Mushroom clouds. Vast, barren wastelands. Deserted roads.

The apocalypse is a paradise for misanthropes, but for the rest of us, it means a life of unending solitude, fighting off mutant creatures and getting drunk off Lysoltinis while eating Spamyonaise sandwiches. To paraphrase a wise cartoon clown, the survivors would envy the dead.

As John Hillcoat's 'The Road' shows us, life is hard after the world comes to an end. But as a public service to you, here are some tips you could use to make life that much more bearable. You'll thank us later. Mushroom clouds. Vast, barren wastelands. Deserted roads.

The apocalypse is a paradise for misanthropes, but for the rest of us, it means a life of unending solitude, fighting off mutant creatures and getting drunk off Lysoltinis while eating Spamyonaise sandwiches. To paraphrase a wise cartoon clown, the survivors would envy the dead.

As John Hillcoat's 'The Road' shows us, life is hard after the world comes to an end. But as a public service to you, here are some tips you could use to make life that much more bearable. You'll thank us later.


Make Sure You Are Heavily Armed

As Kurt Russell in 'Escape from New York' and Mel Gibson in 'Mad Max' have proven, he who controls the weapons, controls the people. When you're the last of a dying breed with very limited resources, people tend to get a bit edgy. Use force accordingly. Guns are key. Weapons that end in "launcher"? Even better.


Do Not Go Back in Time
Should the world spiral into a violent, free-for-all state, it may be very tempting, given the opportunity, to go back in time, especially if your success means a pardon from your prison sentence. But as Bruce Willis finds out in Terry Gilliam's '12 Monkeys' (based on Chris Marker's revolutionary short film 'La Jetée'), unexpected (to him, at least), tragic consequences may occur.

If All Your Human Friends Die, Find a Animal (Or Don't)
If you're lucky (unlucky?) enough to survive, most likely, all your friends will be dead. Bummer. But there's hope to stave off loneliness. Find a talking dog, like Don Johnson in 'A Boy and His Dog' that can sniff out safe zones and steer you in the right direction, or a mule that you can brush the teeth of and perform Shakespearean plays with like Kevin Costner in 'The Postman.' If the animal in question is simian, though, a la 'Planet of the Apes,' prepare for a life of enslavement and mockery.

Study Science and Medicine Before the Apocalypse
As exemplified in films like 'The Last Man on Earth,' 'The Omega Man' and 'I Am Legend,' (all based on Richard Matheson's 1954 novel 'I Am Legend'), the last person alive will inevitably have to face some gang of vampires or other assorted, murderous miscreants. Staying alive means knowing how to develop a vaccine that reverses the world's descent into mindless, flesh-eating killers.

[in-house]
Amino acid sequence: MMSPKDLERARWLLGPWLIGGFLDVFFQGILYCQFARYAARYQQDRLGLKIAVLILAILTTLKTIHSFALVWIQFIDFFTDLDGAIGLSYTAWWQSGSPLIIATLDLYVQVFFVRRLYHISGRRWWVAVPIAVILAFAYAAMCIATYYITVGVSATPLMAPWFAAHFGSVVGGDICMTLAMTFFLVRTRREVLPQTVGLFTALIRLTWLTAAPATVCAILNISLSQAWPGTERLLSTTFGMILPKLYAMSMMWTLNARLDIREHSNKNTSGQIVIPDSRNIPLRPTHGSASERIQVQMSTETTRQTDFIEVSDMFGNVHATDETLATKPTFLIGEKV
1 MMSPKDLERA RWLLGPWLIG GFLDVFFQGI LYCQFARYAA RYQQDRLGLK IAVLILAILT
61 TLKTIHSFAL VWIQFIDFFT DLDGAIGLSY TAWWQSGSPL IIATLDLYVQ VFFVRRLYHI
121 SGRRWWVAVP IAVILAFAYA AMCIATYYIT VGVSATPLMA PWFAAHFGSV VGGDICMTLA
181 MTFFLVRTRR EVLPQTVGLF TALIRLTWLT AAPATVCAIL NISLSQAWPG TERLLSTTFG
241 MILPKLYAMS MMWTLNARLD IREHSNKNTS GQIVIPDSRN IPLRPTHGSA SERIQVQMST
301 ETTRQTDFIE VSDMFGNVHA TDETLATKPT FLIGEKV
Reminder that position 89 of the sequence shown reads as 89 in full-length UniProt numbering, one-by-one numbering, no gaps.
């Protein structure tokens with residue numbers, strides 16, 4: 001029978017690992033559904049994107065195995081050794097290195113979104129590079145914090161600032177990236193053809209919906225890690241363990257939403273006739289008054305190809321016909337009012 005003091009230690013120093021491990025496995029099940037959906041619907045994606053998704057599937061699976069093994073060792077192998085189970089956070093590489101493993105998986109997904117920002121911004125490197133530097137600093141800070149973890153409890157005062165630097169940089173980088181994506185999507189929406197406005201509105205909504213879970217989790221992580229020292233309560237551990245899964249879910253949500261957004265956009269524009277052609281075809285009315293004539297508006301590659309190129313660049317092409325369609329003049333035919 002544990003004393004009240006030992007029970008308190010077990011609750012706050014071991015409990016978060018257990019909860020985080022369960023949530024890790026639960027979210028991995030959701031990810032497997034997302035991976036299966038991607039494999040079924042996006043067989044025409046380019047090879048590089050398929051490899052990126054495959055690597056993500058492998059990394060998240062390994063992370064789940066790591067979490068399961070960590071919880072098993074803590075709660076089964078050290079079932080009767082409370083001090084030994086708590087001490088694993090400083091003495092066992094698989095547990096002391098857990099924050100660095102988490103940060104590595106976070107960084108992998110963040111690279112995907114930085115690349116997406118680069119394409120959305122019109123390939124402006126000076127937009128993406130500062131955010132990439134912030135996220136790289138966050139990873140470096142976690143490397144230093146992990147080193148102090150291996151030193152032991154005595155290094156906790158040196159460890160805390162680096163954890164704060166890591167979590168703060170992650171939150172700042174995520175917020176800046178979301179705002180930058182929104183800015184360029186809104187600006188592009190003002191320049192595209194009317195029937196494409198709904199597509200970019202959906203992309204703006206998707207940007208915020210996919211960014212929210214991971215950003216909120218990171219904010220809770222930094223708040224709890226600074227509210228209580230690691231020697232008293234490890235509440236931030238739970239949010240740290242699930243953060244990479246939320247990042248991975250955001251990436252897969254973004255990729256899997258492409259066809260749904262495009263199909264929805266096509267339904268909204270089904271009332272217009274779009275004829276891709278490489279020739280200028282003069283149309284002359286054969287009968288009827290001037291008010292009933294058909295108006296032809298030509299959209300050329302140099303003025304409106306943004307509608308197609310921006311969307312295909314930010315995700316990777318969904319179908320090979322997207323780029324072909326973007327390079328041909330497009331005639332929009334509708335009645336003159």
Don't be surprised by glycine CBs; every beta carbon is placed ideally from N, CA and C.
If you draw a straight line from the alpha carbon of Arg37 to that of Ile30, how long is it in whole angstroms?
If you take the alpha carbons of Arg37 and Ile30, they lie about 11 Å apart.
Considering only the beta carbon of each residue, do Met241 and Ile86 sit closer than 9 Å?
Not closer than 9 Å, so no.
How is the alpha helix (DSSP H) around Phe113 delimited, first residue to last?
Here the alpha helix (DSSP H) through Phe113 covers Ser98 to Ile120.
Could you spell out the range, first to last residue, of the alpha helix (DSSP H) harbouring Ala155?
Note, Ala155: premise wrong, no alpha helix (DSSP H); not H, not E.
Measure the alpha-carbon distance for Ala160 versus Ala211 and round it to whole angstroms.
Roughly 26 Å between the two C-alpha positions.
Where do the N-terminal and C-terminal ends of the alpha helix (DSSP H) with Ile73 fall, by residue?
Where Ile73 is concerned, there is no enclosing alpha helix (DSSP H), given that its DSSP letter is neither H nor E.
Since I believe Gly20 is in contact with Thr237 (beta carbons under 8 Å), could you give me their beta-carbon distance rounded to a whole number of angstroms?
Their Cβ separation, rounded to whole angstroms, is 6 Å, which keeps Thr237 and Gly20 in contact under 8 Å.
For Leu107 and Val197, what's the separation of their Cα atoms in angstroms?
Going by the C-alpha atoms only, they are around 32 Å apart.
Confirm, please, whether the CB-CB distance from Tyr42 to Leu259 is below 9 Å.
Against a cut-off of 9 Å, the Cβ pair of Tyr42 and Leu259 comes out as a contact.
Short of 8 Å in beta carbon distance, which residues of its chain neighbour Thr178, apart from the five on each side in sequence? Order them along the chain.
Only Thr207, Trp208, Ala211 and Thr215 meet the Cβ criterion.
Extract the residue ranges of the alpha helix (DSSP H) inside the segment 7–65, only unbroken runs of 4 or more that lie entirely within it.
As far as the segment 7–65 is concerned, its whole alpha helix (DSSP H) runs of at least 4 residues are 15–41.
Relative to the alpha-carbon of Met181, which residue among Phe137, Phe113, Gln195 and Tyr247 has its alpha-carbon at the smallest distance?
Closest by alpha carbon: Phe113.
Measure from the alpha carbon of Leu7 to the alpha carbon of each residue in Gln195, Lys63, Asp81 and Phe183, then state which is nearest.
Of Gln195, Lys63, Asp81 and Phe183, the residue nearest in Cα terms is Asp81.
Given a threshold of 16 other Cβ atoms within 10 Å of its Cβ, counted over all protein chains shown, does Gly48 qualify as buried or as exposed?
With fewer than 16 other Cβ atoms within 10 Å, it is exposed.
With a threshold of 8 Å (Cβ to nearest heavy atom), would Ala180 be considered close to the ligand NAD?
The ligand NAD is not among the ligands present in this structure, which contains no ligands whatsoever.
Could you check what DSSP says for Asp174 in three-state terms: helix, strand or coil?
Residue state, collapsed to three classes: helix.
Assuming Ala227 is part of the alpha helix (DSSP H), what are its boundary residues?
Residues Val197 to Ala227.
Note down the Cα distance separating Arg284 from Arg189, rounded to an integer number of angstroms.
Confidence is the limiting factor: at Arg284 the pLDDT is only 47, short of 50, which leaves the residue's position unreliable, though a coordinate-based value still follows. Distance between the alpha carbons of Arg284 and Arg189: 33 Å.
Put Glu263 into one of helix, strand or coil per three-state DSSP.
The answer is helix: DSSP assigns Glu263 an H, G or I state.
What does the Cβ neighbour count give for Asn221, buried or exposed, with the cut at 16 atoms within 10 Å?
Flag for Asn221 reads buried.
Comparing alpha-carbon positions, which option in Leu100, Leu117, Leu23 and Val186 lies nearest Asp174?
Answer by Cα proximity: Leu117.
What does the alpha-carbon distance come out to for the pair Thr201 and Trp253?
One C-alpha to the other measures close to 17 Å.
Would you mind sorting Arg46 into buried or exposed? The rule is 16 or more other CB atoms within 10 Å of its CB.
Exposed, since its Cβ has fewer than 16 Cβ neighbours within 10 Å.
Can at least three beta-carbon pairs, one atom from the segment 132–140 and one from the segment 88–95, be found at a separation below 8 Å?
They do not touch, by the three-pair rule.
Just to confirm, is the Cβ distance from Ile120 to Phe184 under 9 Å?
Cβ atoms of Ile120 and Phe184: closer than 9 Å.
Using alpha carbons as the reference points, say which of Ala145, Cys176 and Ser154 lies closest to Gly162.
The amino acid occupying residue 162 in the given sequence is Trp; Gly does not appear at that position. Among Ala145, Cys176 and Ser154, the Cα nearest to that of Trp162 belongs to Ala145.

Always Seek the Advice of Someone Who Remembers When Things Were Better
It's a new world, and you're going to need the advice of some elder statesmen who can tell you endless stories about the "good ole days" when things were pristine and lively. If you're in a population where no one lives past 30, as in 'Logan's Run,' an old man will most likely scare the hell out of you. If there's worldwide infertility, stick with the old, long-haired hippie who grows his own weed, like Michael Caine in 'Children of Men.' Either way, age equals wisdom. Stick with them.

Don't Let A Lover Get in the Way of the Job
After setting yourself up with the basics -- food, clothing, shelter -- other needs will inevitably have to be met at some point or another. Amid the loneliness, you may find love a la Gregory Peck and Ava Gardner in 'On the Beach.' However, just like Captain Towers refuses to abandon his crew on the USS Sawfish, you should never let a lover distract you from doing the job at hand.

Avoid Mutating
With all the radioactive dust presumably in the air, this one may be tough to adhere to. But in films like 'Hell Comes to Frogtown,' where mutant amphibians take female humans captive for breeding, lunatics like Sam Hell (Roddy Piper) will come after you and dispose of anything green and moving.


If There's Only a Small Group of You, Be Cool
So maybe you're not the last person on Earth, but one of only a handful of survivors. Don't forget: all it takes it one person to ruin any semblance of group unity and harmony. In 1951's 'Five,' the first post-apocalyptic film, five people must work together to ensure the group's survival. Correction: four people and one obnoxious, gun-toting, racist loner. There's always one, huh?

Don't Trust Technology
As shown in any of the 'Terminator' movies, robots can be your friend, but more likely than not, they're out to get you. Rule of thumb: exercise caution with anyone who walks a bit wooden and makes electronic noises every time they move their head.



Dress Properly

We understand that in a future netherworld, nice clothes may be hard to come by. But for the love of Bond, just throwing on the first thing you see -- in this case, a bandolier-type shirt, codpiece, and Julia Roberts' boots from 'Pretty Woman' -- may result in your otherwise distinguished career being forever tainted. Just ask Sean Connery in 1974's 'Zardoz,' the sci-fi cult classic set in 2293. Or rather, just erase this picture from your memory forever.
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